March 3, 2014
Under the Gun 2.0
When it comes to pitching, velocity is the straw that stirs the drink. Fastball speed provides the baseline for batter timing and sets up every other arrow in a pitcher's quiver, explaining why velocity is the most sought-after commodity in pitchers at every level of play. Consequently, it can be devastating when a big-league pitcher transitions from pumping premium octane to regular gas, as it slows the performance of the whole machine.
Thanks to the bounties of PITCHf/x and sites such as BrooksBaseball.net, we have the ability to monitor a pitcher's stuff over the course of multiple seasons. We expect that velocity will diminish over time, and that a pitcher must hone the finer elements of his game in order to sustain the performance of his youth. With this concept in mind, let's examine the pitchers who cooled down significantly last season and take a look under the hood to better understand the causes behind their downgrades.
First, the ground rules: We are looking at the three-year period from 2011-13. Each of the pitchers in the charts below suffered at least a half-mph drop from each of the previous two seasons to 2013, as well as the loss of a full tick from at least one of the two years under the microscope to 2013. In order to qualify, a pitcher had to throw at least 500 pitches that qualified as fastballs or sinkers in each of the past three seasons. The numbers in the charts were calculated based on a weighted average of the pitch-speeds of four-seam fastballs and sinkers in each season.
Fifteen pitchers finished the 2013 season in this group of velocity decliners, and the individual tales take on a variety of shapes and sizes. In a repeat of last year's exercise in velocity attrition, I present the pitchers who posted the most disappointing radar-gun readings of the 2013 season.
Let's hit the slopes.
Group One: The Bunny Hill
We begin with the first stop on our ski lift, where there are few major concerns and plenty of reasons to temper pessimism about impending doom for each pitcher. Some of these players have seen their velocity zig-zag over the past three seasons, while others have dealt with rather modest setbacks to their pitch speed. This group also includes cases of velocity-sapping injuries that are clouding the numbers.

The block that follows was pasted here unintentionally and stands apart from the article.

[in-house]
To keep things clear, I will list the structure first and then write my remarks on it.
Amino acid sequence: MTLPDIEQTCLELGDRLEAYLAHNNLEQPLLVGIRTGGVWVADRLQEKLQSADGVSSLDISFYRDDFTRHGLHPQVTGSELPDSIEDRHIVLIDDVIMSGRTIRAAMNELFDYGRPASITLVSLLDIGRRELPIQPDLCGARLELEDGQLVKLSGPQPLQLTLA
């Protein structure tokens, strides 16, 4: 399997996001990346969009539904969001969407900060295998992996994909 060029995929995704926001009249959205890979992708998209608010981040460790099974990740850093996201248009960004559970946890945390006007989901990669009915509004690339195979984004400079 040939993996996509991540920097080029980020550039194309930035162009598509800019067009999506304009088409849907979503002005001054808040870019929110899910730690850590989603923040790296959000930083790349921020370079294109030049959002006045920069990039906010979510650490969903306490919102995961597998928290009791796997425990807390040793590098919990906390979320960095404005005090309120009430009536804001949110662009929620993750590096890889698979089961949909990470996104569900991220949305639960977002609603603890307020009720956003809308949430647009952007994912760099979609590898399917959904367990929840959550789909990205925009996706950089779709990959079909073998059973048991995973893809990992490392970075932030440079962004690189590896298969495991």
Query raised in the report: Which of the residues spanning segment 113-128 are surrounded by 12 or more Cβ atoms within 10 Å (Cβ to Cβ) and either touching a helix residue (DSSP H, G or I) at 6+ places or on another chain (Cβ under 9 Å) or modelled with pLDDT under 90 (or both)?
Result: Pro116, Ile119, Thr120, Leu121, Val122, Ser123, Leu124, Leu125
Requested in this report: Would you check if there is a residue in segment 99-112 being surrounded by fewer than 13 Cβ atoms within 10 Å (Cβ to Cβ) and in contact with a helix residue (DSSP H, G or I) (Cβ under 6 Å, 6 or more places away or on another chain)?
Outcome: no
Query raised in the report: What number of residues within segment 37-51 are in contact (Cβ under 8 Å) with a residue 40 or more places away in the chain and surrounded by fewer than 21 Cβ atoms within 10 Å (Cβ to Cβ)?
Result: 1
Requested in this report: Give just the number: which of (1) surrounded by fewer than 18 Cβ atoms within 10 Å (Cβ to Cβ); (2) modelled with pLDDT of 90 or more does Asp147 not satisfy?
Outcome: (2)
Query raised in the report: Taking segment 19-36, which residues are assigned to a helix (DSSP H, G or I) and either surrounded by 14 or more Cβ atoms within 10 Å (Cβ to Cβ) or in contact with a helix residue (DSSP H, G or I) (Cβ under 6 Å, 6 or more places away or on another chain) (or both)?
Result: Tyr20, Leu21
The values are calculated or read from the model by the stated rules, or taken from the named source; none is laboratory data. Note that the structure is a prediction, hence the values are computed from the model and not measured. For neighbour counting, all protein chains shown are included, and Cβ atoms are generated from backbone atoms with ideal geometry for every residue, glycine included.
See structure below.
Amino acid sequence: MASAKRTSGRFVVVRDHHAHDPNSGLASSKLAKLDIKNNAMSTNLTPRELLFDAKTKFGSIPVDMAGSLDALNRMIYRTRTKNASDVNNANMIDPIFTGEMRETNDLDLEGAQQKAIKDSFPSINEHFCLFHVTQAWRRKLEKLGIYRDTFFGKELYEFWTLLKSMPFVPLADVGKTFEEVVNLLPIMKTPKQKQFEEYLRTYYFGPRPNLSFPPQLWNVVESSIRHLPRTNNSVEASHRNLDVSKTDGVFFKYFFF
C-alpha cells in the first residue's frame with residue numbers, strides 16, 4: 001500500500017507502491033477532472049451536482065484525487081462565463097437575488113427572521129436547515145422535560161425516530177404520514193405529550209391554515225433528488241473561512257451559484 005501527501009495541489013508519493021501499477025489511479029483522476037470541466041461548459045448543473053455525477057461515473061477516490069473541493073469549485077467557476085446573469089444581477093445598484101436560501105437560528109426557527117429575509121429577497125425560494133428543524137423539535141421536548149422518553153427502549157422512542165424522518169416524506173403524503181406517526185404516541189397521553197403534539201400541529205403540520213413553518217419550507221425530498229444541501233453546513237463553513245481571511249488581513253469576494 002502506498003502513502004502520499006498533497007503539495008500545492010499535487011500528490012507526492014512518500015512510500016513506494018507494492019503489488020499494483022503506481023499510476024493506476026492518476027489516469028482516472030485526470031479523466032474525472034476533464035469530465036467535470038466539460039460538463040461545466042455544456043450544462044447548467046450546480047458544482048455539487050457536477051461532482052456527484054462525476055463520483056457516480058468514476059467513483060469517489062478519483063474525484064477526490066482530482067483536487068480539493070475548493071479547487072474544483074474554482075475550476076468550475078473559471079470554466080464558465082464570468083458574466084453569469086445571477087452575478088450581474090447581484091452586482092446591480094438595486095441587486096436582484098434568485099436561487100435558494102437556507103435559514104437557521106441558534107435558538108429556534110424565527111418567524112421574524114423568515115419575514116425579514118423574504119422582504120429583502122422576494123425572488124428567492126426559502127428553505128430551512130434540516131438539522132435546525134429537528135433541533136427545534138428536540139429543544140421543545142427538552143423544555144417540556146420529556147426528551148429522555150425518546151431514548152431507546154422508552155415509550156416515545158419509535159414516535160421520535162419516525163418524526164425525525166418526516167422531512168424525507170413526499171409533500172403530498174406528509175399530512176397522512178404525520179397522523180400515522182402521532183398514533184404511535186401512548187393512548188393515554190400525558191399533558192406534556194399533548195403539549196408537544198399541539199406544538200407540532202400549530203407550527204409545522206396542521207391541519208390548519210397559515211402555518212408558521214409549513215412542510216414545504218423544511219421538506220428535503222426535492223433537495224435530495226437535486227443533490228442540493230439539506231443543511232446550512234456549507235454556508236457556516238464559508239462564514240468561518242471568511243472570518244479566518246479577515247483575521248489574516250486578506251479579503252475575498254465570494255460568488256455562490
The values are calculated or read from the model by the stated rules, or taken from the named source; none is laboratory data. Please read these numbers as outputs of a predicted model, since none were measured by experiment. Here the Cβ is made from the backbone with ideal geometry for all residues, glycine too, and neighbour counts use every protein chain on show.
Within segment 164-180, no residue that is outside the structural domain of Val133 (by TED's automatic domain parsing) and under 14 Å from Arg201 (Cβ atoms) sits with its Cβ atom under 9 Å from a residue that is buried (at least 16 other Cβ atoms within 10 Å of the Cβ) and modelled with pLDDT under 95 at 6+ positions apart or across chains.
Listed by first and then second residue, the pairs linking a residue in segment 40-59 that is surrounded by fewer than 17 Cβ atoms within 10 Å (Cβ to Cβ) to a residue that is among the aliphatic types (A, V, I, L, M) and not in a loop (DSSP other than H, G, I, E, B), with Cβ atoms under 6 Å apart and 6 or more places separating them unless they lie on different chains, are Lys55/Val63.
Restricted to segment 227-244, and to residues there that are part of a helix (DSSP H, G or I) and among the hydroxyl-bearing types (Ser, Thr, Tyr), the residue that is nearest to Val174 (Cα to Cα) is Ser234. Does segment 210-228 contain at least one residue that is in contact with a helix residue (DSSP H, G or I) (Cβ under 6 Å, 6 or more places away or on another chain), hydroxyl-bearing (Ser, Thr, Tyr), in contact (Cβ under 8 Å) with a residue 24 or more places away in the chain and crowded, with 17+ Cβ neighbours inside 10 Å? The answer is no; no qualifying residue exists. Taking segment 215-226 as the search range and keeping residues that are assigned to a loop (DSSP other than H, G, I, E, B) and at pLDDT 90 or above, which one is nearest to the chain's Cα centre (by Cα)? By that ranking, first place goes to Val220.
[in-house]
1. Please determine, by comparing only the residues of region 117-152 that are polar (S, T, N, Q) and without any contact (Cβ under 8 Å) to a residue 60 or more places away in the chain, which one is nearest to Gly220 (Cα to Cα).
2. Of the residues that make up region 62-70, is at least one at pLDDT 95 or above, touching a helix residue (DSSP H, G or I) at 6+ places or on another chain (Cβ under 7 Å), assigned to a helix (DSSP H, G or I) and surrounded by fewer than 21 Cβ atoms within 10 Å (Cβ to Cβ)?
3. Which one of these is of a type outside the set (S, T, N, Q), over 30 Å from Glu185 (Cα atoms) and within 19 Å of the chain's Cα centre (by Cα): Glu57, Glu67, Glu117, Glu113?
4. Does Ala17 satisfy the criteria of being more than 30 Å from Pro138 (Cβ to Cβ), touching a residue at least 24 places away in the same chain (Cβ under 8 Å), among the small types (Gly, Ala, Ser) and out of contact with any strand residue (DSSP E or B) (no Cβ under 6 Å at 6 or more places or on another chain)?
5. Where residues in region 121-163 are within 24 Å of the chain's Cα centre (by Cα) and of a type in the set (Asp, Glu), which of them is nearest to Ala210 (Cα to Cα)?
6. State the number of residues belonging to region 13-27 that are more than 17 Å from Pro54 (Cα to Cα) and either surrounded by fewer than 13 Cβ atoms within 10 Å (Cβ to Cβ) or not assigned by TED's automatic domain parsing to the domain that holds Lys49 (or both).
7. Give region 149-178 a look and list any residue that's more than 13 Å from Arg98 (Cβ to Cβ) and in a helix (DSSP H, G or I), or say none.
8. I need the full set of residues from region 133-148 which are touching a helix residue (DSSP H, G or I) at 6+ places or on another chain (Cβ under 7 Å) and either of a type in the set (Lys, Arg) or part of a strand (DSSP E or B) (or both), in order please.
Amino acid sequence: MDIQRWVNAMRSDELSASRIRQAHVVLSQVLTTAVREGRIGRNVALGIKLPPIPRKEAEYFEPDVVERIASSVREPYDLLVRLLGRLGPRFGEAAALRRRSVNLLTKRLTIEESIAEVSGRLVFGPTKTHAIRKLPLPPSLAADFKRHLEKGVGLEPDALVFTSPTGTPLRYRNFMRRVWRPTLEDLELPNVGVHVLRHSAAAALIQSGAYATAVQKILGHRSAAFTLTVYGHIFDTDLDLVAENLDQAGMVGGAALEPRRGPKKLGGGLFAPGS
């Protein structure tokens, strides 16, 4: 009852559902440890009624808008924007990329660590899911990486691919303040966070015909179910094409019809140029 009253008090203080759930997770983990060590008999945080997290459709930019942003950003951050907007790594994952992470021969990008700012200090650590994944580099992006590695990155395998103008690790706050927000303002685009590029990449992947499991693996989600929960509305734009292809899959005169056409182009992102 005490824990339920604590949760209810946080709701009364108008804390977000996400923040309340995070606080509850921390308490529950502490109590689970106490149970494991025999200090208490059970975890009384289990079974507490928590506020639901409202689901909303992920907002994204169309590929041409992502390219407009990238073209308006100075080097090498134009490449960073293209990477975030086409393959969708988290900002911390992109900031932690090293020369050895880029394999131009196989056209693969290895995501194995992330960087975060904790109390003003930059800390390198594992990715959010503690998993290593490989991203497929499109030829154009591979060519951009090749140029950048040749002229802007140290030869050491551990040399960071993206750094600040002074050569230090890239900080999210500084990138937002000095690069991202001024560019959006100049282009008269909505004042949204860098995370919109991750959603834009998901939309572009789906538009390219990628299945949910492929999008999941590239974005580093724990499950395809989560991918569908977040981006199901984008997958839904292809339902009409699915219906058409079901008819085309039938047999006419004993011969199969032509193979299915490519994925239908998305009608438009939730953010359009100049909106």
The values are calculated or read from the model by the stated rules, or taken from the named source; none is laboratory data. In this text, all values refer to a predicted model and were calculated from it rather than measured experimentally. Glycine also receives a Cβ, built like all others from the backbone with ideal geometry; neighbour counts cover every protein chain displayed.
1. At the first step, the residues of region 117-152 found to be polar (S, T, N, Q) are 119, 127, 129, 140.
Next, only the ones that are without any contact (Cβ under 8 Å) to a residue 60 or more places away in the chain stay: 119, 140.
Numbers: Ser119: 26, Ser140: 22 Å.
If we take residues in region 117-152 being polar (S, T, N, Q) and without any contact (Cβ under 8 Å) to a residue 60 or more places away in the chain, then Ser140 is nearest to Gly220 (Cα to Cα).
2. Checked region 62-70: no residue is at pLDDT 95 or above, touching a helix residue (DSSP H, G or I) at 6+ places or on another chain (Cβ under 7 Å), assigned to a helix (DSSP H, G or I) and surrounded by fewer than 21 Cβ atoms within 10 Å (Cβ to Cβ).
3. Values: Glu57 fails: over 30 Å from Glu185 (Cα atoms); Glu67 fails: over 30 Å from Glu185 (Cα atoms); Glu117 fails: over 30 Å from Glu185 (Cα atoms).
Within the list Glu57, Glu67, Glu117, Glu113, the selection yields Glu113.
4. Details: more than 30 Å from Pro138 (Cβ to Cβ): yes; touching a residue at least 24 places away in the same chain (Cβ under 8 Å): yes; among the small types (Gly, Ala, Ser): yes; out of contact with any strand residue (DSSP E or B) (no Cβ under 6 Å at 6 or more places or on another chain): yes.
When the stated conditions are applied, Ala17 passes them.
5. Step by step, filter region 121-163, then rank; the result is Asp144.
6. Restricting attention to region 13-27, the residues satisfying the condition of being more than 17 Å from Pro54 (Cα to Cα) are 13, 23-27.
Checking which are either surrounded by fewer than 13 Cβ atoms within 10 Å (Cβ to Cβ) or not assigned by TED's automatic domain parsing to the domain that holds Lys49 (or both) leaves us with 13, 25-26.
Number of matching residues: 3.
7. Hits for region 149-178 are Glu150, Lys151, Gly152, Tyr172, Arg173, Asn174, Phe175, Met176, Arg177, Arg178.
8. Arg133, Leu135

Dillon Gee just barely qualified for the study, scraping the bottom of the barrel for the 0.5- and 1.0-mph thresholds. His velo was down a full tick from 2012, but that season was an improvement over 2011, and his average fastball speed has squatted firmly in the 89-90 mph range throughout his MLB career.
Cliff Lee dropped a full tick last season after five consecutive seasons of slowly-rising velocity, but the 35-year-old was throwing just as hard in 2013 as he was during his 2008 Cy Young campaign, and nobody is looking down on his 2013 results.
From 2007-12, Edinson Volquez had put up some of the most consistent velocity readings in the majors, consistently sitting on an average fastball a bit above 93 mph. Perhaps that makes his 2013 dip more alarming, but the pitcher who can't find the strike zone has at least earned some benefit of the doubt with respect to maintaining his velo, and the jury should still be out on the severity of his decline last season.
David Price’s velocity drop got a lot of attention last season, but he may very well have intentionally taken his foot off the gas pedal after dealing with an upper-arm injury earlier in the year. Price entered the season as one of the top velocity-gainers in MLB, with a positive trend that stretched back across four seasons and had him parked well above 95 mph, so the sudden dip may have just been a blip on the radar gun.
Injuries were at least partly responsible for Alexi Ogando's sudden drop, as he dealt with shoulder woes that sapped his velocity. His numbers are further skewed by the fact that he spent 2012 in the bullpen.
Group Two: Black Diamond
The above group of players has experienced a more continuous rate of decline, with at least a half-mph loss of velocity in each of the past two seasons. This trend is potentially disturbing, indicating that the down-slope could continue as these pitchers trek further from their physical prime.